There’s not enough evidence to support the use of digestive enzymes for IBS. Some small studies show promise, but more research is needed.
If you have irritable bowel syndrome (IBS), you’ve probably already scoured the internet for supplements and remedies to help relieve your symptoms. Digestive enzyme supplements are one of many supposed remedies for alleviating tummy troubles. But do they work?
A digestive enzyme is a complex protein made by your body to help break down food into smaller molecules so they can be absorbed into your body. Most digestive enzymes are made by your pancreas, though a few are made by your mouth, stomach, and small intestine.
Examples of digestive enzymes include:
- Amylase: breaks apart complex sugars into smaller molecules like maltose
- Lipase: breaks down complex fats into smaller fatty acids and glycerol
- Pepsin: breaks down proteins in foods like meat, eggs, and dairy products into smaller peptides
- Lactase: breaks down the milk sugar called lactose
- Cholecystokinin: a hormone secreted in the small intestine that causes the gallbladder to contract and release bile, and the pancreas to release digestive enzymes
- Trypsin: breaks down protein, so it can be made into amino acids
Supplements are digestive enzymes in a pill or chewable tablet form. They may include one or a combination of multiple digestive enzymes. Some are sold in conjunction with probiotics. They can easily be bought online.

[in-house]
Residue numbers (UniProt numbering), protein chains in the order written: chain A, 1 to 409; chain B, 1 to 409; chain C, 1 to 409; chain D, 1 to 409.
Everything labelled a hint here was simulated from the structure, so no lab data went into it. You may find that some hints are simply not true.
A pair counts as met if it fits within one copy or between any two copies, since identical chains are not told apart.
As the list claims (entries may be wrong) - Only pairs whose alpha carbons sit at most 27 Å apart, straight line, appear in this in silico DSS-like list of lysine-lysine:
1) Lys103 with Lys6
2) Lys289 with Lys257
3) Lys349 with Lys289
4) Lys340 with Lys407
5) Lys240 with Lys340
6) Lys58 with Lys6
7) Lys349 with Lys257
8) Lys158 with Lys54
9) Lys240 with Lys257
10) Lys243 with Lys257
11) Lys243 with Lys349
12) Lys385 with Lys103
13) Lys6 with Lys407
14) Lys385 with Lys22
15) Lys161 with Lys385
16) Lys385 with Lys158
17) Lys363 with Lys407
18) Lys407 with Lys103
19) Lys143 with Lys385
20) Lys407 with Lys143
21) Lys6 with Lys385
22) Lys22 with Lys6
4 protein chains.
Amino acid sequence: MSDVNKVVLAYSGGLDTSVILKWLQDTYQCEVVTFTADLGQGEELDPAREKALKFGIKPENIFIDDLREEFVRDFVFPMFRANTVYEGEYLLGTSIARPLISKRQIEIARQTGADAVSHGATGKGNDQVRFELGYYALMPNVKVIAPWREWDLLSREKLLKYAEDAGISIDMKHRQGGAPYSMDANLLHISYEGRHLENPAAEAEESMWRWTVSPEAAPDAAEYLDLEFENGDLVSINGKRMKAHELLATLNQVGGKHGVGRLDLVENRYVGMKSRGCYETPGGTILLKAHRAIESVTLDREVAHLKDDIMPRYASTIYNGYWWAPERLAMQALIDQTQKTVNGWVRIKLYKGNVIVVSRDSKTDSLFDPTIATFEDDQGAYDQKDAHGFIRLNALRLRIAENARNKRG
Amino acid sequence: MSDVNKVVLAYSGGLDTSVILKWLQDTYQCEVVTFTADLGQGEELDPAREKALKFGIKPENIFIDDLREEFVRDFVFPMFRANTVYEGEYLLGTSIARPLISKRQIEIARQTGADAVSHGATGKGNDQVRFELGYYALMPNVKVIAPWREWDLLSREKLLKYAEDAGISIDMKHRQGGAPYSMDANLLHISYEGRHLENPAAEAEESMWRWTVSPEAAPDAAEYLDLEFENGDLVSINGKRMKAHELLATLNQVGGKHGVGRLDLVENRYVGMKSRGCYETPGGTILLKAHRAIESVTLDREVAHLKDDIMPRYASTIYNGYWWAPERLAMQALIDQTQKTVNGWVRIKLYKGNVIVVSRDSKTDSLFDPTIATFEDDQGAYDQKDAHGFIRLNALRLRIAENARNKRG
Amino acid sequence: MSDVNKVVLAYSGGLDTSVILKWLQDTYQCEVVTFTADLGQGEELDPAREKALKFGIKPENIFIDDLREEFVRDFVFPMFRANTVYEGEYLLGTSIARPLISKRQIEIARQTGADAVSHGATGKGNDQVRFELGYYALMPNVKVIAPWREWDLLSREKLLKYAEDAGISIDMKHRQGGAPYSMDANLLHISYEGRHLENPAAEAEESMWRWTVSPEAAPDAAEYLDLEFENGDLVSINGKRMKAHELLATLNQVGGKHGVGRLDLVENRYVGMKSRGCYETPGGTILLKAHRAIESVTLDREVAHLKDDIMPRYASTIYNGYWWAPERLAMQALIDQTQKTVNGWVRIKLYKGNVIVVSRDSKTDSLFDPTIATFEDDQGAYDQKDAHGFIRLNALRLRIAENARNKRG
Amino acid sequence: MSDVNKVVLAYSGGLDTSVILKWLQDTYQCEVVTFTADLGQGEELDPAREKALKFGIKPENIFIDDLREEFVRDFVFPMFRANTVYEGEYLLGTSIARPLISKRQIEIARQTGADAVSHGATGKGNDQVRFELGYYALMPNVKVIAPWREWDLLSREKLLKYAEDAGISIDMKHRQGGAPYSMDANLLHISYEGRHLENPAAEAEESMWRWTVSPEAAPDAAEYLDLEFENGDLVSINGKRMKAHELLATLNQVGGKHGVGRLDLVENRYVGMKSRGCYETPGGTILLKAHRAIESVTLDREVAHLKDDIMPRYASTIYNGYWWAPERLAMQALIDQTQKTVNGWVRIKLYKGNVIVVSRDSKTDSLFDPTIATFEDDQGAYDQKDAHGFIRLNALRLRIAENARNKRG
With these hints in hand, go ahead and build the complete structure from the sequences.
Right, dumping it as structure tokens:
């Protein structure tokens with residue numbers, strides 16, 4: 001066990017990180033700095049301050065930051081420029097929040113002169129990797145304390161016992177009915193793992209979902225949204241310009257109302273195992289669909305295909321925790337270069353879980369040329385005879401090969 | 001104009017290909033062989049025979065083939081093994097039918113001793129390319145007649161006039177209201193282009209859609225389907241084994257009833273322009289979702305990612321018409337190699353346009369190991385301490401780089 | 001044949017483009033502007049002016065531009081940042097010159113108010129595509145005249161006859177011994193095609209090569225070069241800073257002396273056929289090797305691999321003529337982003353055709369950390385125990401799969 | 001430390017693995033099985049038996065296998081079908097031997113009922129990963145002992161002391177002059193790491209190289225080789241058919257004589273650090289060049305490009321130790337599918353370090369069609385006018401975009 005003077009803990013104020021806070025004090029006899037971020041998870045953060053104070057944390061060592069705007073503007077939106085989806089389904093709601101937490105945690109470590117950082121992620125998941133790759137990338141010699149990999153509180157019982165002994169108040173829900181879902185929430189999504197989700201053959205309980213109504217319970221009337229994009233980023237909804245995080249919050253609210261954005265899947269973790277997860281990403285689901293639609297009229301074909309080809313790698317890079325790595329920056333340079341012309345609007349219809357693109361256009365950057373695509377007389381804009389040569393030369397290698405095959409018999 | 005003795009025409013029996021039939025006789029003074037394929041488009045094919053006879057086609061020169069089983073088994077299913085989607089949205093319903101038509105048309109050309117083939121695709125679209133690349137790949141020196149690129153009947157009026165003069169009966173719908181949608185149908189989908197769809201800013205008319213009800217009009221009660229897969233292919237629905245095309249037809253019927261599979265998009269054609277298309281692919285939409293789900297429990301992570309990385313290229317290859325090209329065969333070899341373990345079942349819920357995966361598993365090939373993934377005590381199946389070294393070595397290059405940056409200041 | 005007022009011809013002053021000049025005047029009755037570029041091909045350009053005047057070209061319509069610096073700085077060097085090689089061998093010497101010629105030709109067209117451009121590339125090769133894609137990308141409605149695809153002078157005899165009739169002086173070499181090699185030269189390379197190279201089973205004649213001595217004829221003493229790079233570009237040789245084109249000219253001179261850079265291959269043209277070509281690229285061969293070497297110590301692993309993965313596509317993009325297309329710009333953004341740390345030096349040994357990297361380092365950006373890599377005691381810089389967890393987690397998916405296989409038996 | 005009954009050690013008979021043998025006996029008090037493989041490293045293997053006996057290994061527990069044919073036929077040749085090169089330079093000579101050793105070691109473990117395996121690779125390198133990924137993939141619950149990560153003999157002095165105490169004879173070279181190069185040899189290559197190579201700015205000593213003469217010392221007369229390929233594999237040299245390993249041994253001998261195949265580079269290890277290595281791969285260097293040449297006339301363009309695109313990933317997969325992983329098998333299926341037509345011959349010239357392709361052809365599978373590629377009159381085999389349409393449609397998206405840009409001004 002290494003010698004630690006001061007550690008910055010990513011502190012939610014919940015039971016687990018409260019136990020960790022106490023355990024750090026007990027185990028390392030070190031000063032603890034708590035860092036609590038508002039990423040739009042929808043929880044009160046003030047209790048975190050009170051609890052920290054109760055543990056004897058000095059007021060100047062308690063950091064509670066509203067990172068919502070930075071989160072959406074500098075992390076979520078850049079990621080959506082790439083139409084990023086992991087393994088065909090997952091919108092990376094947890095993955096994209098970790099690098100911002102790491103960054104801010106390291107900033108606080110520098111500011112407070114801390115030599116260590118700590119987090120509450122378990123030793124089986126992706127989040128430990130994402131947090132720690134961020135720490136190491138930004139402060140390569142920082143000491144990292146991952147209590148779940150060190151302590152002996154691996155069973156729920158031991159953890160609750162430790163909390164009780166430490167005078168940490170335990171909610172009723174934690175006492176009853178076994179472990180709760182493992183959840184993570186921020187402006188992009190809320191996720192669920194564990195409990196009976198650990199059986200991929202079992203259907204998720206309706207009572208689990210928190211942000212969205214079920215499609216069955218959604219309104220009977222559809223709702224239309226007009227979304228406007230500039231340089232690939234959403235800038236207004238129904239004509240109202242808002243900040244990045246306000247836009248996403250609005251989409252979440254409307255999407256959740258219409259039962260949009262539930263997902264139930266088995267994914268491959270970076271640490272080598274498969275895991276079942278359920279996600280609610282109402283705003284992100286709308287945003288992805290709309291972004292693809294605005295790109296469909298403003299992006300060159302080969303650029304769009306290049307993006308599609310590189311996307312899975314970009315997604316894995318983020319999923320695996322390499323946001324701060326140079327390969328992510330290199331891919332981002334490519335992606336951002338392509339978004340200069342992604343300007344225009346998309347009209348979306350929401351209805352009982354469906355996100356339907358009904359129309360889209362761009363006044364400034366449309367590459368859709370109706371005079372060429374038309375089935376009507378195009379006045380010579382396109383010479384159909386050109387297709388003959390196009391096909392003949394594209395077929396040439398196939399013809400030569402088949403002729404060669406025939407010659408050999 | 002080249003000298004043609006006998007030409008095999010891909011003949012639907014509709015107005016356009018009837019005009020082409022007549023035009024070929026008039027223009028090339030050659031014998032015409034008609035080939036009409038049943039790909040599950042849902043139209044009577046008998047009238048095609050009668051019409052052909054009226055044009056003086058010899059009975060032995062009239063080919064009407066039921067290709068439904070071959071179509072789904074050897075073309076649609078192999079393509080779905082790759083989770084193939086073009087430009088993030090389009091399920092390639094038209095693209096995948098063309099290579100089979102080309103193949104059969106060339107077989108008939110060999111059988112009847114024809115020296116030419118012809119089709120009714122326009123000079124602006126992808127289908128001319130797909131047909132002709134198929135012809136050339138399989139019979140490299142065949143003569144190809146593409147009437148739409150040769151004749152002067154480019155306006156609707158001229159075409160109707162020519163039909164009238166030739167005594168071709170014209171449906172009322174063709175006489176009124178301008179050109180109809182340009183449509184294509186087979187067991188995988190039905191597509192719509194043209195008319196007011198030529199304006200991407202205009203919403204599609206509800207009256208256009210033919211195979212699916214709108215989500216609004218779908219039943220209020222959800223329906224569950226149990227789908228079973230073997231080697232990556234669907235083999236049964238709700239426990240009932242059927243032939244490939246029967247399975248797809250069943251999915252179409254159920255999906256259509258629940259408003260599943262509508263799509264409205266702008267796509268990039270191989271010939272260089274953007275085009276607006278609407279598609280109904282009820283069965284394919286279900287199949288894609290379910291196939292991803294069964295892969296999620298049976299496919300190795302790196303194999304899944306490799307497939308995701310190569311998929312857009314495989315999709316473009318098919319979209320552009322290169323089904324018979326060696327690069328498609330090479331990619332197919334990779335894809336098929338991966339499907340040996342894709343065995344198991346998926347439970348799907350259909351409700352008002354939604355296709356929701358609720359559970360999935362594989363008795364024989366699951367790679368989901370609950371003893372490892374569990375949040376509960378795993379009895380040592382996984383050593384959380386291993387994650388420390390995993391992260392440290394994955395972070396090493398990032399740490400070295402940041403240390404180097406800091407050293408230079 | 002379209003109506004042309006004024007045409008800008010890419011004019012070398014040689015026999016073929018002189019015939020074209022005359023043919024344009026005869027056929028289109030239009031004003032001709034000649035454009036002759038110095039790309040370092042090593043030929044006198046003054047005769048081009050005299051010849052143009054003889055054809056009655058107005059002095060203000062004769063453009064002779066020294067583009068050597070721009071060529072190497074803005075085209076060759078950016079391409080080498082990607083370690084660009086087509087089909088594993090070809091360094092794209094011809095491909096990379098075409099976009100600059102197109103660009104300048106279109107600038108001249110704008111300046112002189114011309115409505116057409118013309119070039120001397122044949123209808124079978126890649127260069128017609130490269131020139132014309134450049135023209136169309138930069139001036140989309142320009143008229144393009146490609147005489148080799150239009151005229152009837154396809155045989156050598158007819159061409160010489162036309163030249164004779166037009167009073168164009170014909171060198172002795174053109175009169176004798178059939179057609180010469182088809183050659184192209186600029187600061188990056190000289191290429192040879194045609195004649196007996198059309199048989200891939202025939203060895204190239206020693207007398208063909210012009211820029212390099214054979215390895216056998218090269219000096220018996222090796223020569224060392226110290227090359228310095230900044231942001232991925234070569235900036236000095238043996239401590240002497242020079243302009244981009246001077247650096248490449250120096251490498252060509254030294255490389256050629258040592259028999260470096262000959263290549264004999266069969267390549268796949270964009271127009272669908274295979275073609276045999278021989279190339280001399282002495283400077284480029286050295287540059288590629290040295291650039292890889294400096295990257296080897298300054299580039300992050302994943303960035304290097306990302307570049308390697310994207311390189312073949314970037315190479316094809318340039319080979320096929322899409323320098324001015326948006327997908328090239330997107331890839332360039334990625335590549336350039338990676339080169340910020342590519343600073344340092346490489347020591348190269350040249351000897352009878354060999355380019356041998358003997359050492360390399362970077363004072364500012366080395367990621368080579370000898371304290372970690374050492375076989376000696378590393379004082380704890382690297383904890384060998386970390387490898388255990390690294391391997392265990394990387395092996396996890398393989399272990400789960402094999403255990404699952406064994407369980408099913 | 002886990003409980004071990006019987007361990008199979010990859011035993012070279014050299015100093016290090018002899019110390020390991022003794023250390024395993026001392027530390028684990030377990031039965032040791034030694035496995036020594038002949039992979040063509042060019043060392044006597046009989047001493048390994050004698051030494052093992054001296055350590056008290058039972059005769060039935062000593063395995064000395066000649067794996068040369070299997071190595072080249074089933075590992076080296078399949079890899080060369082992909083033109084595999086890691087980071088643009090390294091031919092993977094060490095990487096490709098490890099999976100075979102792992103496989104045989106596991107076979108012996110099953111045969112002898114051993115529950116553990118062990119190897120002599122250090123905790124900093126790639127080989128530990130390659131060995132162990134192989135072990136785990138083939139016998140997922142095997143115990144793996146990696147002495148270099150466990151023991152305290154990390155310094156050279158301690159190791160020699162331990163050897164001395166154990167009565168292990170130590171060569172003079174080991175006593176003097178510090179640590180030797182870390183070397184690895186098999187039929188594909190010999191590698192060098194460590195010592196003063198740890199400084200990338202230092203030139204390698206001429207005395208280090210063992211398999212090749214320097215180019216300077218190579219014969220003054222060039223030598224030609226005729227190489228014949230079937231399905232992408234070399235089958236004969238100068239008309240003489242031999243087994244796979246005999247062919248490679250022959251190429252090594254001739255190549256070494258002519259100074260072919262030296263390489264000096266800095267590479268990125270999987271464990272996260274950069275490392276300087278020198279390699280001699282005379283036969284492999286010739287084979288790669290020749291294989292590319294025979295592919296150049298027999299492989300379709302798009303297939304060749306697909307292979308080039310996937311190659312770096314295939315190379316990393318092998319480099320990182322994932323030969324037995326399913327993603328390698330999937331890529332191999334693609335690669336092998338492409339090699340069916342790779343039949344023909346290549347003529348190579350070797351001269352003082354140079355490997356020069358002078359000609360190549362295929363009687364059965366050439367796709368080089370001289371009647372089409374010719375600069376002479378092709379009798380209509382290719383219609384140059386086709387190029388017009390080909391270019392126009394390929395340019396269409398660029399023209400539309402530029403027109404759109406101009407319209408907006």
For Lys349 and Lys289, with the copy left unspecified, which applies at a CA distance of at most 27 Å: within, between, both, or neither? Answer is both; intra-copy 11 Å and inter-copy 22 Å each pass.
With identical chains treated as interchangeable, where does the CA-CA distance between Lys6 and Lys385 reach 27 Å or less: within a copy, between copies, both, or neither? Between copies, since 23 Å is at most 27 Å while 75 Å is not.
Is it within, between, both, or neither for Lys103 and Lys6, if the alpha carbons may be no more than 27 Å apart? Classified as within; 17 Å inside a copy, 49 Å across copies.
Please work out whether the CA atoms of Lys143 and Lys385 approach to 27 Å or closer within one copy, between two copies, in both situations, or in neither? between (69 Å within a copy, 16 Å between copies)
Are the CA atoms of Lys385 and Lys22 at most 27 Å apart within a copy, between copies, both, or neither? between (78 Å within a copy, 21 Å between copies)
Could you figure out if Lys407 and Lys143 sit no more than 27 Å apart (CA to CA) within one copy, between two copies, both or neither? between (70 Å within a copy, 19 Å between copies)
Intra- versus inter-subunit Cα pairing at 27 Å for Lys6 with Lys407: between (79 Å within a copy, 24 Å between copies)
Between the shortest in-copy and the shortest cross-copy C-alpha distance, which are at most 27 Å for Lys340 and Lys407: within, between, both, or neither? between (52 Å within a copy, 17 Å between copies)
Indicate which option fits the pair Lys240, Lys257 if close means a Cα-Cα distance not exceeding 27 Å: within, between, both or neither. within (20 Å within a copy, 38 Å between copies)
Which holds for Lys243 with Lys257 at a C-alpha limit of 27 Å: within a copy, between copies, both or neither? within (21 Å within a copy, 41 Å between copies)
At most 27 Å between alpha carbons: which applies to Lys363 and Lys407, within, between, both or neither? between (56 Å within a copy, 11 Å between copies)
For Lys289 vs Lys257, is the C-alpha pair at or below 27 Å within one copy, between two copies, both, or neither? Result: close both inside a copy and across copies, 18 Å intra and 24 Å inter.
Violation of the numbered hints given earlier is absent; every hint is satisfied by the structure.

These supplements were originally made for people with pancreatic insufficiency, a condition in which the pancreas doesn’t produce enough enzymes to digest food.
The labels of digestive enzyme supplements often include broad claims. They might claim to:
- support healthy digestion
- optimize the breakdown of fats, carbohydrates, and protein
- promote optimal nutrient absorption
- reduce gas, bloating, indigestion, and constipation following meals
- help your body process difficult-to-digest foods
IBS is typically diagnosed based on symptoms and by ruling out other conditions. At this time, the cause of IBS isn’t known, so treatment is aimed at alleviating symptoms like:
Because digestive enzymes assist with the breakdown of food, supplements might help alleviate common IBS symptoms. But more research is needed to confirm this.
If one thing is clear from the available research on digestive enzymes for IBS, it’s that more research is needed.
Research suggests that alpha-galactosidase supplementation may reduce symptoms of IBS. Alpha-galactosidase breaks down galactooligosaccharide (GOS), which is found in foods like beans and cashews.
Many people living with IBS report lactose intolerance, but this is not the same IBS.
Those with IBS who also have lactose intolerance may benefit from
Another study from 2017 found that a combination of beta-glucan, inositol, and digestive enzymes reduced symptoms like abdominal pain, bloating, and flatulence in patients with IBD or IBS.
As with all over-the-counter dietary supplements, digestive enzyme supplements aren’t controlled by the Food and Drug Administration (FDA). While manufacturers are required to ensure their product is at least safe, there are no controls in place for consistency of dosing or any mandatory rigorous safety testing.
Some enzymes may cause side effects. These may include:
- abdominal cramps
The signs, symptoms, severity, and treatment of IBS differ from person to person. Right now, there isn’t enough evidence to support the use of digestive enzyme supplements in treating IBS.
Small studies have shown some promise, but more research is needed. Talk with your doctor or dietitian about which supplements may be best for you and your particular case of IBS.